Profile – Connie Schultz

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​I discovered Connie Schultz several years ago. I know that it was on the MSNBC program, Morning Joe, and I know that I intentionally turned the show on, wanting to see her specifically. What I don’t remember is if I watched it thinking, oh, that’s Sherrod Brown’s wife, she’s a writer, let’s hear what she has to say…or if I saw her, and said, oh my gosh, I love her, her husband is Sherrod Brown, I need to check him out. Either way, I’ve fallen head over heels in writerly and senatorily love with both of them, together or apart, it doesn’t matter.

One (two) of my heroes.

There’s some recent talk about a White House run, and if that happens, I will follow them, support them, campaign for them all the way to said White House. And if not, I will count Senator Brown and Ms. Schultz as firmly in my corner even though other than President, I can’t vote for him; I live in New York. However, he speaks for all of us progressive Democrats, and to be honest, what’s good for his state, is good for all of our states. They both speak their minds, and they both speak truth to power. They call it like they see it, and they both do it with a down-to-earth, neighborly, we’ve known you forever way that’s honest. I can only hope that we haven’t forgotten the importance of honesty in this country.

They are for working people what Babe Ruth is for baseball.

Connie Schultz is a Pulitzer Prize winning author (2005 for commentary), a commentator both in print and on television of politics, journalism, and life in general. She currently writes in syndication for Creator’s Syndicate after writing for the Cleveland Plains Dealer for eighteen years. She has published two non-fiction books and is currently writing her first novel.

She and Sherrod Brown have been married for almost fifteen years. She is a a mother of four and a grandmother of seven, and I think if she were actually reading this, and I left that last one out, she would be less than happy with me. They are a blended family, and when she shows pictures of their kids, I have no idea who belongs to who because they are all one family, which is just remarkable and somehow ordinary.

I recently read an article about her by Michael Kruse of Politico (2018) and I watcher her TEDx video from Cleveland State University (2016) that gave me two snippets that I relish as part of my own self and my own journey as a writer, a woman, and a mother, and ir was a clear reminder of why I respect and adore her so much.

How could I not be a liberal?” [Politico, Dec. 21, 2018, when talking about her working class roots, her route to college and single parenthood, unions, grants, health insurance.]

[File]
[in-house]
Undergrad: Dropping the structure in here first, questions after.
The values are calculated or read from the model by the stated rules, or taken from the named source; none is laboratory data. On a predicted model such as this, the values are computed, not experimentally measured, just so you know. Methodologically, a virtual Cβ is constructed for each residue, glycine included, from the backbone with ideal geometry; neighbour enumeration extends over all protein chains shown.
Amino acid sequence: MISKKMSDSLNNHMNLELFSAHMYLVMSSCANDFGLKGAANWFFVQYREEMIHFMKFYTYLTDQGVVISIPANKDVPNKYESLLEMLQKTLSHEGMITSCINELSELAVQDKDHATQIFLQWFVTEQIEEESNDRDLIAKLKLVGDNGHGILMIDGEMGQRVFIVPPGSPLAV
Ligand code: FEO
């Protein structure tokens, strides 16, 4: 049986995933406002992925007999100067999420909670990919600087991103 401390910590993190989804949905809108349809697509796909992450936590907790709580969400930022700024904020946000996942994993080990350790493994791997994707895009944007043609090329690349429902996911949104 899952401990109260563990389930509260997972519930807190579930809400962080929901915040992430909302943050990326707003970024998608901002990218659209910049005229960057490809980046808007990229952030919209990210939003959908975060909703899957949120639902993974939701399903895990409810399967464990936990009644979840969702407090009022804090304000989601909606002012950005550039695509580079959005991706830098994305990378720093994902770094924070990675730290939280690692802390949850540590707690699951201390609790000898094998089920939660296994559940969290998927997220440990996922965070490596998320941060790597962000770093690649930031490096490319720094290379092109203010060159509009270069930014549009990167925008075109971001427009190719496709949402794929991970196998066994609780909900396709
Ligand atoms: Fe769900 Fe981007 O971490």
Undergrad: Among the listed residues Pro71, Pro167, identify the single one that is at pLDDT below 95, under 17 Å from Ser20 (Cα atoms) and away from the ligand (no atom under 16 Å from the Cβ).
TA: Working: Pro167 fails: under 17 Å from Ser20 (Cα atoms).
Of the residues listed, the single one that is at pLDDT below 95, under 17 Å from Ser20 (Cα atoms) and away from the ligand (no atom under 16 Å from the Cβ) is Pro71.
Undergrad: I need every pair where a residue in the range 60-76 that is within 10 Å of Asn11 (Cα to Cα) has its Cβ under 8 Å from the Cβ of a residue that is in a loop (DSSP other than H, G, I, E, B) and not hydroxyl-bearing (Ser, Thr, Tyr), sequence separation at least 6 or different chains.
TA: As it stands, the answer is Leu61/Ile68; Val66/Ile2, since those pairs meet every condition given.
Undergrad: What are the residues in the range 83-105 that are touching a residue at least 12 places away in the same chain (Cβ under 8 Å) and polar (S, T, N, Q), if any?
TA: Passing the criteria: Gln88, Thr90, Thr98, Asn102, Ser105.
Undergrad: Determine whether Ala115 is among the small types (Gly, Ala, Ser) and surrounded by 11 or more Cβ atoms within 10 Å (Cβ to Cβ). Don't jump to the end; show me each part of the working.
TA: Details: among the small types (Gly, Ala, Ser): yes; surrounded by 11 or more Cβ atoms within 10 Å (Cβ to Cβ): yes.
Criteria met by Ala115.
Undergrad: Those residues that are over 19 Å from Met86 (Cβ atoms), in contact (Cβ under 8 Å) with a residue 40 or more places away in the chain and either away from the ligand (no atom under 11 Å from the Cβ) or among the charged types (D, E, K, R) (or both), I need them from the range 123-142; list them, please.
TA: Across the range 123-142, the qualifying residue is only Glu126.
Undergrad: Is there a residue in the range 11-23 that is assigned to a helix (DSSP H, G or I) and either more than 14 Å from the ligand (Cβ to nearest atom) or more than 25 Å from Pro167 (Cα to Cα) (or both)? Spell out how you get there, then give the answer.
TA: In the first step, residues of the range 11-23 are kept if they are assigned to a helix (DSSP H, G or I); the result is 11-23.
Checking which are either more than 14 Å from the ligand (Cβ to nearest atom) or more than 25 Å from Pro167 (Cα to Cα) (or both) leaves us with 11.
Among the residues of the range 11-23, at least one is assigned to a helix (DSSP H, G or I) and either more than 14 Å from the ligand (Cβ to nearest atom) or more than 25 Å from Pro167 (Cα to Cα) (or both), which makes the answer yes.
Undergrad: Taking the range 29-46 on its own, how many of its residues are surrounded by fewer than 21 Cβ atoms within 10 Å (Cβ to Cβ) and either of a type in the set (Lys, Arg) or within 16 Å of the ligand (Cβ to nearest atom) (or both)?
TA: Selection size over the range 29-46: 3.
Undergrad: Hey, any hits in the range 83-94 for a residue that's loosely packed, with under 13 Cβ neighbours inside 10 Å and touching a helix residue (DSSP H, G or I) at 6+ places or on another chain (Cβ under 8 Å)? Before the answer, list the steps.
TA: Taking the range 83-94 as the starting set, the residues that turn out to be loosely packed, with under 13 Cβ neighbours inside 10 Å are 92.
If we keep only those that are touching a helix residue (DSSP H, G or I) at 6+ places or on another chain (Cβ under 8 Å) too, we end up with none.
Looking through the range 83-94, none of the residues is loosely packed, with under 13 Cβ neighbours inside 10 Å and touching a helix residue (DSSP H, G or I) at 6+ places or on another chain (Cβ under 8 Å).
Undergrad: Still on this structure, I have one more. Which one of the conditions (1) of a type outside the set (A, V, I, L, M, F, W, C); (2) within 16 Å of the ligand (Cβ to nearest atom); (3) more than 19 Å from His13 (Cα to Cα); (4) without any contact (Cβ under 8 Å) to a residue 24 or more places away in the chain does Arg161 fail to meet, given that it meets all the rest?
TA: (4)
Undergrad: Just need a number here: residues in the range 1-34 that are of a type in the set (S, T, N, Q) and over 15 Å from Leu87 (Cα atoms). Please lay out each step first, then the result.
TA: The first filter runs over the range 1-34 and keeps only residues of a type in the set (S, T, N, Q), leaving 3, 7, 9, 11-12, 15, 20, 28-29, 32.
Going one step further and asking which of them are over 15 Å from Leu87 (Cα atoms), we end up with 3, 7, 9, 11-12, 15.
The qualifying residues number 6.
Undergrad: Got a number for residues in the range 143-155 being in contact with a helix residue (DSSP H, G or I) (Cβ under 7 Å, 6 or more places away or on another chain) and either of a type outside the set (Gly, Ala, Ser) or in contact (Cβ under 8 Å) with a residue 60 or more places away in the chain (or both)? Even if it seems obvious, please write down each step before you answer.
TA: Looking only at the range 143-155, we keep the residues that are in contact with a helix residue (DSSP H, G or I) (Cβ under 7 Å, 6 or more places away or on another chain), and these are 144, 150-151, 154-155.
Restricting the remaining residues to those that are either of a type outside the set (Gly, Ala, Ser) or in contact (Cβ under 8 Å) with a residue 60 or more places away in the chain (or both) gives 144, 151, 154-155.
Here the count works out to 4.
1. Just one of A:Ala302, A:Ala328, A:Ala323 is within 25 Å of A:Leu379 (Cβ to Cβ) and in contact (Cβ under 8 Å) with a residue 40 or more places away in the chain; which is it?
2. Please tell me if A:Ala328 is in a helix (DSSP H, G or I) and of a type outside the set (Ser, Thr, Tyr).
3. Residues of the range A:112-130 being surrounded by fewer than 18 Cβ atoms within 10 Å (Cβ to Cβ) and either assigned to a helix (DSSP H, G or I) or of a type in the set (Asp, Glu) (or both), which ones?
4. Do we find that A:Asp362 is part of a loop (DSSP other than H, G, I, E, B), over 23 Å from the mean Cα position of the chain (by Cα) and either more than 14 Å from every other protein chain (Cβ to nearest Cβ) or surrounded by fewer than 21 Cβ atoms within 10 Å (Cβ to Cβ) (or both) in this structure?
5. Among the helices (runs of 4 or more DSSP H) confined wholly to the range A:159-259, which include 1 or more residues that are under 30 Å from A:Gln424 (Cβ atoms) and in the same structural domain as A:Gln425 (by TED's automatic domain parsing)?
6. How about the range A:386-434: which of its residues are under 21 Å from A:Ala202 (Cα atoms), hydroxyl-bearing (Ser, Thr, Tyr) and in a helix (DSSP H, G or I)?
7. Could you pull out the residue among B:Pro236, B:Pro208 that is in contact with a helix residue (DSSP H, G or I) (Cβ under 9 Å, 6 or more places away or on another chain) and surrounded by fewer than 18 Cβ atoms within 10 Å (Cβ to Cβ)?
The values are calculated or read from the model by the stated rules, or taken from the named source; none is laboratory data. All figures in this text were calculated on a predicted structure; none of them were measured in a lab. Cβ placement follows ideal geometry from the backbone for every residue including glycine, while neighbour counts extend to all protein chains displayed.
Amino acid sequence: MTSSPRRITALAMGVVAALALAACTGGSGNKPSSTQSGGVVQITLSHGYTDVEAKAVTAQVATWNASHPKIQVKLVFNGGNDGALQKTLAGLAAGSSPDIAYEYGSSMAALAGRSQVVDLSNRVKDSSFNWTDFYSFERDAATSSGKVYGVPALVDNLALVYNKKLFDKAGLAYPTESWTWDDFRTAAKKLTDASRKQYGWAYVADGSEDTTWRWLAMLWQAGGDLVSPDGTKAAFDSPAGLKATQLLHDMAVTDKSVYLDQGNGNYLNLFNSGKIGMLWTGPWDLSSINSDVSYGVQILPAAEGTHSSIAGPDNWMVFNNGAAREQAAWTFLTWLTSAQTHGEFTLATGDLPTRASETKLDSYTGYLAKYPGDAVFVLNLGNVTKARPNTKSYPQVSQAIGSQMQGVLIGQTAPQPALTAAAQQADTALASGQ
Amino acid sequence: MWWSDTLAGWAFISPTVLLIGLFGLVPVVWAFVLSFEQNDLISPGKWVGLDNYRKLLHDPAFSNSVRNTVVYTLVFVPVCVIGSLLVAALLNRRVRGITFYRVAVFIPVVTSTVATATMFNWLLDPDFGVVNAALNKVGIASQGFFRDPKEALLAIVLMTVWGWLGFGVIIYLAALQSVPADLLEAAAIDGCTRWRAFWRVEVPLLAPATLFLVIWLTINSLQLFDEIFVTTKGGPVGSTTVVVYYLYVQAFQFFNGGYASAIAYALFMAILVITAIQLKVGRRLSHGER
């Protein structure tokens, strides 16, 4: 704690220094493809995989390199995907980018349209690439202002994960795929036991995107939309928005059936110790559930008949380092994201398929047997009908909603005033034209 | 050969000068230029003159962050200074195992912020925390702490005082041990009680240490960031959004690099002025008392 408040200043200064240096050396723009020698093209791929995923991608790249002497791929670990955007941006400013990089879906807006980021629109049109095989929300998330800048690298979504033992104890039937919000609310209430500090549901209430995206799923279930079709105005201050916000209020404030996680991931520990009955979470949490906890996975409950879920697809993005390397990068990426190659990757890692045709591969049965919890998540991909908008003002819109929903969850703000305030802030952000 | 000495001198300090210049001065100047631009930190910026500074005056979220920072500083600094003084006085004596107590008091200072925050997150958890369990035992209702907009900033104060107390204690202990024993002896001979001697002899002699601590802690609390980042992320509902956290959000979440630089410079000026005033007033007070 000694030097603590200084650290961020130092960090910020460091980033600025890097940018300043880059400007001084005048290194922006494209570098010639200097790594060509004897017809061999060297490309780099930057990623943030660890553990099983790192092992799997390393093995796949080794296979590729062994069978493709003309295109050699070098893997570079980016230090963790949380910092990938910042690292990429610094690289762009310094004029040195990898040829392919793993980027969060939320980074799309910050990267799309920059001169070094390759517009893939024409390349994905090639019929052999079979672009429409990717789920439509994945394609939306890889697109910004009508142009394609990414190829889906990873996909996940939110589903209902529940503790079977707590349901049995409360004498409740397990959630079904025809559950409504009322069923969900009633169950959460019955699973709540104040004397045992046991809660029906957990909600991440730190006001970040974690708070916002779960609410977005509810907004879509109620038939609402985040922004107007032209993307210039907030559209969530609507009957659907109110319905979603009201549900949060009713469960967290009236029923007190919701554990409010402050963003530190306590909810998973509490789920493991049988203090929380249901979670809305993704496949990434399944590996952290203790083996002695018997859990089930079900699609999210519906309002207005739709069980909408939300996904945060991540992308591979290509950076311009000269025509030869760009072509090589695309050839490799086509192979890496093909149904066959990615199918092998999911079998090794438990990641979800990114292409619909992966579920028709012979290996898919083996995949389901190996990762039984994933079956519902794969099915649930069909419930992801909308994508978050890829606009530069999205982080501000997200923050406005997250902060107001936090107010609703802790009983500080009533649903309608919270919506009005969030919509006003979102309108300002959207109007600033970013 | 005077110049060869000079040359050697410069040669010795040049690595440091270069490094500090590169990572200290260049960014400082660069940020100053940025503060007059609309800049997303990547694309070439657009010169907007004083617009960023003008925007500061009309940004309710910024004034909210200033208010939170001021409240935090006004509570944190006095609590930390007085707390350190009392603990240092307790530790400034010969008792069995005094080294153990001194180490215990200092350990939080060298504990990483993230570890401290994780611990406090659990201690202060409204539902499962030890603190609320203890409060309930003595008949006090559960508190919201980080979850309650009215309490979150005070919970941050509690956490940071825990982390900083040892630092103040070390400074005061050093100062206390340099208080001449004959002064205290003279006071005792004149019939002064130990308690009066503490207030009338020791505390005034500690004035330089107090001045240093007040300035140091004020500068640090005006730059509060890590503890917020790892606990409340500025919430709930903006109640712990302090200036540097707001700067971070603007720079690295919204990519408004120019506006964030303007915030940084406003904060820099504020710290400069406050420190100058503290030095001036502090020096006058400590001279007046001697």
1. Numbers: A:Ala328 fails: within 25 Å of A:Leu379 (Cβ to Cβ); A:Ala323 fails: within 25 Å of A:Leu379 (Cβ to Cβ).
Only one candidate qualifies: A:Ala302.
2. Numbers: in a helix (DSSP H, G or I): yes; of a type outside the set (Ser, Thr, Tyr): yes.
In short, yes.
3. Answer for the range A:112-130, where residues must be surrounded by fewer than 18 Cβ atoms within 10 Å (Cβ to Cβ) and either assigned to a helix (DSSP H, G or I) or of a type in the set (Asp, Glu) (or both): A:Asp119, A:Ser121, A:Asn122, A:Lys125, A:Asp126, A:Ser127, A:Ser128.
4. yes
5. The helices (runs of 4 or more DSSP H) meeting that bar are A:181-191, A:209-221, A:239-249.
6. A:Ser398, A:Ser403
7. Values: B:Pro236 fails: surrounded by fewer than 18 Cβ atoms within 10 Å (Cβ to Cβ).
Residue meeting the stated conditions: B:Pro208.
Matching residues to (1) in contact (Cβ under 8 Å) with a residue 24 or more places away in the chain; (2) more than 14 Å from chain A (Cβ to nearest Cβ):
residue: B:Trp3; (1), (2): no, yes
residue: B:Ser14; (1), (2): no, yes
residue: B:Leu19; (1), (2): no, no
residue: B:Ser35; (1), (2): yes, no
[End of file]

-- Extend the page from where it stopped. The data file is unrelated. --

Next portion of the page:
Every moment that I had lived before I got into that newsroom was job experience.” [TEDx, Dec. 14, 2016]

I love her style, her attitude, her kindness, but also her take no nonsense attitude. Say something incorrect or bullying and she will come after you, but not as a bully. She is a teacher (of journalism at Kent State University in her home state of Ohio) and of life and continues to inspire me and cause me to aspire to be her in all of the ways I can attempt (through her Facebook and Twitter). I also want to be able to wear a hat like she wears a hat. I love hats, but I can’t pull them off. She can.

She is everything.

She is also proud of her work (and her family’s) but modest of her accolades. This is but one article that I share with you, but there are others if you Google. However, for the real deal, follow her on either her Facebook or her Twitter. Or both.

What Was This Week?

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It’s been next to impossible to write about politics this week. I started to, a number of times, but they all ended with me tearing my hair out, and screaming into the void.

I began the day before Election Day in a flurry of anxiety and excitement for Tuesday, and then the Blue Wave hit. I started keeping tabs on races, and began an excited post that I planned on posting sometime late on Wednesday.

Then the President had his news conference, and he was quite nasty to some journalists, including Yamiche Alcindor, Jim Acosta, and Peter Alexander, not to mention April Ryan.

Then Jim Acosta had his credentials revoked.

Jeff Sessions, Matt Whittaker, Robert Mueller, Tucker Carlson’s lunacy, which I’ve just discovered doesn’t match up to the police report, but wait, there’s more.

Then the President attacked journalist, Abby Phillips.

Then he backed out of the Veteran’s Day visit to the American Cemetery in France during the commemoration of the 100th anniversary of the Armistice, the end of World War I.

Then he was two hours late to dinner with the other leaders.

I’ve been offline for most of today, and I have to say it’s been a blessing.

I need to catch up, but I think I’m waiting for tomorrow’s podcasts to catch me up. I especially like MSNBC’s Deadline: White House with Nicolle Wallace.